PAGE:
But Francie gets her education. She eventually goes to college. Meanwhile the star bank is saved into and withdrawn from, over and over again, until the Nolans have their piece of land: the cemetery plot in which they bury Johnny.
That’s another one of the book’s lessons, although it isn’t stated as emphatically as the other ones. Katie Nolan can read. Her children have more education than she does. They still lose all of their savings to an unscrupulous undertaker who preys on the poor. Katie is aware of what is happening even as the man explains how much money it will cost to bury Johnny, and she is powerless to stop it. This is how her life has always been: she earns and saves and a landlord tells her the family has to move, or an undertaker says the funeral package they purchased doesn’t include the cemetery plot, and all of her savings disappear.
Katie hopes that her children’s lives will be different, and so we follow much of the story through Francie Nolan’s eyes, watching her grow up and excel in school—except for the one English class where her teacher asks her to stop writing about poverty because “We all admit these things exist. But one doesn’t write about them.” We see Francie, after her father’s death, drop out of high school and enter the workforce, where she also excels. She gets better jobs than were ever available to her parents or grandparents. She works in offices, has set hours, and gets promotions. She also gets laid off as each of her employers cuts back or shuts down.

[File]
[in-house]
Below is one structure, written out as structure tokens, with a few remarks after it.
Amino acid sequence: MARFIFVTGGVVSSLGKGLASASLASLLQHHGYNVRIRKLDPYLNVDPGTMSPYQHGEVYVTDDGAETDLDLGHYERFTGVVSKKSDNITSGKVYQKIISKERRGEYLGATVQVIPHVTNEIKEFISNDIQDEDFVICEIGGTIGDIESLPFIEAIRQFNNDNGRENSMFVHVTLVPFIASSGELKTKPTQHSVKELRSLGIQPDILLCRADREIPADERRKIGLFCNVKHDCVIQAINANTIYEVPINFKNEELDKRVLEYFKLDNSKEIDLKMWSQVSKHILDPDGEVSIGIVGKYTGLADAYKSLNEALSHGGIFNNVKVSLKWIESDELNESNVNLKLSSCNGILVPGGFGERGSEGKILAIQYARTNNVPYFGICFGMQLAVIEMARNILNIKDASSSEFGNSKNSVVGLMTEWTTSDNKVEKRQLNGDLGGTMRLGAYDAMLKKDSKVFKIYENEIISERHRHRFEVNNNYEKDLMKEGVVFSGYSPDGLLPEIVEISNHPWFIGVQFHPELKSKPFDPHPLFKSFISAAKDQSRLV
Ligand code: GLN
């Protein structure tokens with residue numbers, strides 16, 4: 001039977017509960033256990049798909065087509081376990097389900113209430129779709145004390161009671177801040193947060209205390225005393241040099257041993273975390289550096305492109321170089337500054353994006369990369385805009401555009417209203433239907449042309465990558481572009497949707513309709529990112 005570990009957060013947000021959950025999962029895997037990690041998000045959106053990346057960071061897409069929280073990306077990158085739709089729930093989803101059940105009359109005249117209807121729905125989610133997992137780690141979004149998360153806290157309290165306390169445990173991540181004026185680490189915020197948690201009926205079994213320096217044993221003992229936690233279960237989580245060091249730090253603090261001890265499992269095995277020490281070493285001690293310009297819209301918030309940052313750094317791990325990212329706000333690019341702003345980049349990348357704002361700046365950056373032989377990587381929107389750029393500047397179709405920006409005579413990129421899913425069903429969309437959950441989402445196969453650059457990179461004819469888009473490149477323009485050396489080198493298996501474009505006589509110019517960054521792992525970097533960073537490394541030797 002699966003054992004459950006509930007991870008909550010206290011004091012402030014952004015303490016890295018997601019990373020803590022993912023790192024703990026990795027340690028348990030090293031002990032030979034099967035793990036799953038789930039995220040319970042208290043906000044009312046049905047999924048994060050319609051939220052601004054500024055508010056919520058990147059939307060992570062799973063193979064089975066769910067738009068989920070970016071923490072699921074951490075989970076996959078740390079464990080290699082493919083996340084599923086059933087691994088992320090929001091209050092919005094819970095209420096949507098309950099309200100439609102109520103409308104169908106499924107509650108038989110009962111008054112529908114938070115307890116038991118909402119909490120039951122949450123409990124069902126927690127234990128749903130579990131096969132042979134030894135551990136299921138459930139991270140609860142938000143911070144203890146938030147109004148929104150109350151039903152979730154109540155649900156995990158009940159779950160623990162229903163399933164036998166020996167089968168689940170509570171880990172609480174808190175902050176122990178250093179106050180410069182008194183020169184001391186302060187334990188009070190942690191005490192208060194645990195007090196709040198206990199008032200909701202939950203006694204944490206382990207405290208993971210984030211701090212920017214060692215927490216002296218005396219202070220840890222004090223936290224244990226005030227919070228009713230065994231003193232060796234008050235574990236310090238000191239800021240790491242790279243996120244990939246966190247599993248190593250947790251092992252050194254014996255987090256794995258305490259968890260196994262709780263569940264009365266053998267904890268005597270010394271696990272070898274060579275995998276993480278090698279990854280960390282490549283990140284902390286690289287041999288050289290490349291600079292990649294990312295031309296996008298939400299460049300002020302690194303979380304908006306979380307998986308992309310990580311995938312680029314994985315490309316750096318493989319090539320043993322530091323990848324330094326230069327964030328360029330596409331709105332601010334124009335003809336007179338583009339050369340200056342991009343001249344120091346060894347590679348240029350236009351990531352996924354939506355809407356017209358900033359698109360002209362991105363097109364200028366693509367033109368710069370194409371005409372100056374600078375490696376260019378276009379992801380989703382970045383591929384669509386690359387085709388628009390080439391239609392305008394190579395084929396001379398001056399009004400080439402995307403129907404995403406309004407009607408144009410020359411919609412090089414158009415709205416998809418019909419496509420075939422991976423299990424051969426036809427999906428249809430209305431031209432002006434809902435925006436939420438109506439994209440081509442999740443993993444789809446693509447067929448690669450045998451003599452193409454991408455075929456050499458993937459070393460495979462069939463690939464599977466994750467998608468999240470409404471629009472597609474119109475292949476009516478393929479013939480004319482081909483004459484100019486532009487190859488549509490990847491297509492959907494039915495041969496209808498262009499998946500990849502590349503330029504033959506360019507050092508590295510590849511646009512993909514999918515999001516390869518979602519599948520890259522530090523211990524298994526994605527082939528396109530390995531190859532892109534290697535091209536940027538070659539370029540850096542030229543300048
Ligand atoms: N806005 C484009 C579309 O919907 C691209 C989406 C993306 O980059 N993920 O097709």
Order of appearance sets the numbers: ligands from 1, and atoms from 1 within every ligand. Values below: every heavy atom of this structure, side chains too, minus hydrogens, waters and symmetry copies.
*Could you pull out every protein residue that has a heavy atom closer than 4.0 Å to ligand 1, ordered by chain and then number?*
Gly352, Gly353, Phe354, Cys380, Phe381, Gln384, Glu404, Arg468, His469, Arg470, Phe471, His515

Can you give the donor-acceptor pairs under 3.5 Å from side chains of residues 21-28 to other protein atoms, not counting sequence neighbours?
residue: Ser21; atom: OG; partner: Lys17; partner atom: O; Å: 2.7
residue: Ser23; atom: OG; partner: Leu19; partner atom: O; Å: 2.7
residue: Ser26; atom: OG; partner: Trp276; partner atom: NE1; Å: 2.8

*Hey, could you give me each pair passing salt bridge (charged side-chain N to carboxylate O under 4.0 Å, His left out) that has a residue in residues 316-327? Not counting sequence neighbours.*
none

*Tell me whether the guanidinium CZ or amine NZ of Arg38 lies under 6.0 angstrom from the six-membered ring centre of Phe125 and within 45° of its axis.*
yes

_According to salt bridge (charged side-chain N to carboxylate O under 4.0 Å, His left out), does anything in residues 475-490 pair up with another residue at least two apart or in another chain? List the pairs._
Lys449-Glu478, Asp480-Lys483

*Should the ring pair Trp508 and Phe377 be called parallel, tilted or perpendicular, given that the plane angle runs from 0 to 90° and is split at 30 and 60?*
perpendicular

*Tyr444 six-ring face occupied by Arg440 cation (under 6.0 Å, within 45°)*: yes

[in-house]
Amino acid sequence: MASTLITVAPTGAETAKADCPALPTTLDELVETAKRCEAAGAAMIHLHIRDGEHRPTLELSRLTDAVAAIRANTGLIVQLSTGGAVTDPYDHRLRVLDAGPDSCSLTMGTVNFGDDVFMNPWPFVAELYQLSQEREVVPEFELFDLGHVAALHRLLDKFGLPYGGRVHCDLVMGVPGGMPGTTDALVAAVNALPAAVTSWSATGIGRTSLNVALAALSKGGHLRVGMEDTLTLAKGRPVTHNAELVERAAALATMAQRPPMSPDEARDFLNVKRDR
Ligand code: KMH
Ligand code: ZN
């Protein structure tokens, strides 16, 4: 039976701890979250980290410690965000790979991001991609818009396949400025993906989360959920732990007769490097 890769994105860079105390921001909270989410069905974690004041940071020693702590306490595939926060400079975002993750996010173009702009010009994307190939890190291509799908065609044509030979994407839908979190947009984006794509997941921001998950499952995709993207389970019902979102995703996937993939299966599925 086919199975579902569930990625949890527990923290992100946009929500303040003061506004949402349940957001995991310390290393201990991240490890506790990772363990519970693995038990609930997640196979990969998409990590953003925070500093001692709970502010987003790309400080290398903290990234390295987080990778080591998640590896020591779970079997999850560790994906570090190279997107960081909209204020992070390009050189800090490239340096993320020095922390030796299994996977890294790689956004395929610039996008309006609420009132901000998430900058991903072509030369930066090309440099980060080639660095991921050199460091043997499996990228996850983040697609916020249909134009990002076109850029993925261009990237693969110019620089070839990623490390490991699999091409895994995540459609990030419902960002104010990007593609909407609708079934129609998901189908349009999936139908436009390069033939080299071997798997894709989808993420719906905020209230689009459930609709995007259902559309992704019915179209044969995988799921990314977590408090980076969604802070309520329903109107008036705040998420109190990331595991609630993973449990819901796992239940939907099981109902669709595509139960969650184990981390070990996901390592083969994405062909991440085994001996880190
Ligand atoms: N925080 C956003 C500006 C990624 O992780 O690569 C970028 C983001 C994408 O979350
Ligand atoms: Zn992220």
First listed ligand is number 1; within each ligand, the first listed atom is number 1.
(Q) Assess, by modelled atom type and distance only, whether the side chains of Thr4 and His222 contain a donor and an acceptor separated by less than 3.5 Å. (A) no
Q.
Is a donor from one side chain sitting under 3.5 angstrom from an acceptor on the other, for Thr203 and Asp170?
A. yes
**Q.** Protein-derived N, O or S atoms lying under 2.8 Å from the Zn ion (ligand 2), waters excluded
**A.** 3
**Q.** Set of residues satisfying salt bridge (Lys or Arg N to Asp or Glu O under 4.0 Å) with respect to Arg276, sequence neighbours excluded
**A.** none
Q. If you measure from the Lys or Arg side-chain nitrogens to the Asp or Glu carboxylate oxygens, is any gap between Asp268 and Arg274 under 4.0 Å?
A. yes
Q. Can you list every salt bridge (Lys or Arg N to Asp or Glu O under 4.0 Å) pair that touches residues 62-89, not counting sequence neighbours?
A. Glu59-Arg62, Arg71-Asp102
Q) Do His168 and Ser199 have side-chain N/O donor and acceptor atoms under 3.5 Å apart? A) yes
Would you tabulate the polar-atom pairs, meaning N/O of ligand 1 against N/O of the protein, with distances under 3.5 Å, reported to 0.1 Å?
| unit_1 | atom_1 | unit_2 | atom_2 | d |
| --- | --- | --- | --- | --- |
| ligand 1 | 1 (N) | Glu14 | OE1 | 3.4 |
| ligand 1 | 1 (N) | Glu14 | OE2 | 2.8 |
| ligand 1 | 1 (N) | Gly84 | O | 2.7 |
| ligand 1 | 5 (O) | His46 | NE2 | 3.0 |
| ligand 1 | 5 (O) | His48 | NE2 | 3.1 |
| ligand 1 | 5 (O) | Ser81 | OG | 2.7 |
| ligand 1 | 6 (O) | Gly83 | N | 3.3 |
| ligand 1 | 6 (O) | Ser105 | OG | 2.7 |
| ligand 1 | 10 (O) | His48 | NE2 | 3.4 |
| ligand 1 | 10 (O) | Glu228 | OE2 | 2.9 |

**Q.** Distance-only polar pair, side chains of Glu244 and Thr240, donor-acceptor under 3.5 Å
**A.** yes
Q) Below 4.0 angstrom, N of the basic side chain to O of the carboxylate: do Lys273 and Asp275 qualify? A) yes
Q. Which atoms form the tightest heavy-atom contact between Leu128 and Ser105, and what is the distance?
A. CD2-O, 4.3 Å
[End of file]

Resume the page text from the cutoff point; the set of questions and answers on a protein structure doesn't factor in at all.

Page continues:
“Here I am,” she thought, “fifteen years old and a drifter. I’ve been working less than a year and I’ve had three jobs already. I used to think it would be fun to go from one job to the other. But now I’m scared. I’ve been fired from two jobs through no fault of my own. At each job, I worked as best I could. I gave everything I could give. And here I’m starting all over again somewhere else. Only now I’m frightened. This time when the new boss says ‘jump once,’ I’ll jump twice because I’ll be afraid of losing the job. I’m scared because they’re depending on me here for money.”
Once again: this stuff has been going on for a long time, y’all.
Francie continues to work and begins taking college classes (she writes “privately educated” on the forms so she does not have to reveal her lack of high school diploma). At the end of the book, she’s passed the entrance exams required to enroll full-time at the University of Michigan. We’re meant to understand that education does in fact lead to… well, if not quite constant success, then hope. Possibility.
Katie Nolan also finds new possibility and a relief from poverty in the form of her second husband Michael McShane, a former police officer turned politician who earns over $10,000 a year from his salary, his pension, and his real estate income. (That’s in 1918 dollars. Today McShane would be making $160,000.)
So we get the realistic and the fantasy ending, both in the same book. (Although Betty Smith’s father did die and her mother did remarry, I can’t find any evidence that the real-life family moved into a higher income bracket through this second marriage—and you’d think someone would have mentioned that.)
If you’ve read A Tree Grows in Brooklyn, what parts stand out in your memory? I could keep going, writing about the job that gives Francie a week of paid training (because WHO DOES THAT ANYMORE?), or the scene where Francie accidentally negotiates a raise from a boss who wants to underpay her, but I’ll stop here and turn the discussion over to all of you. After all, this novel is so complex that even analyzing the money and workplace aspects doesn’t begin to cover half of the story.
Next week: The Return of the Great Brain.
The week after that: No Coins, Please. (Yes, it’s happening.)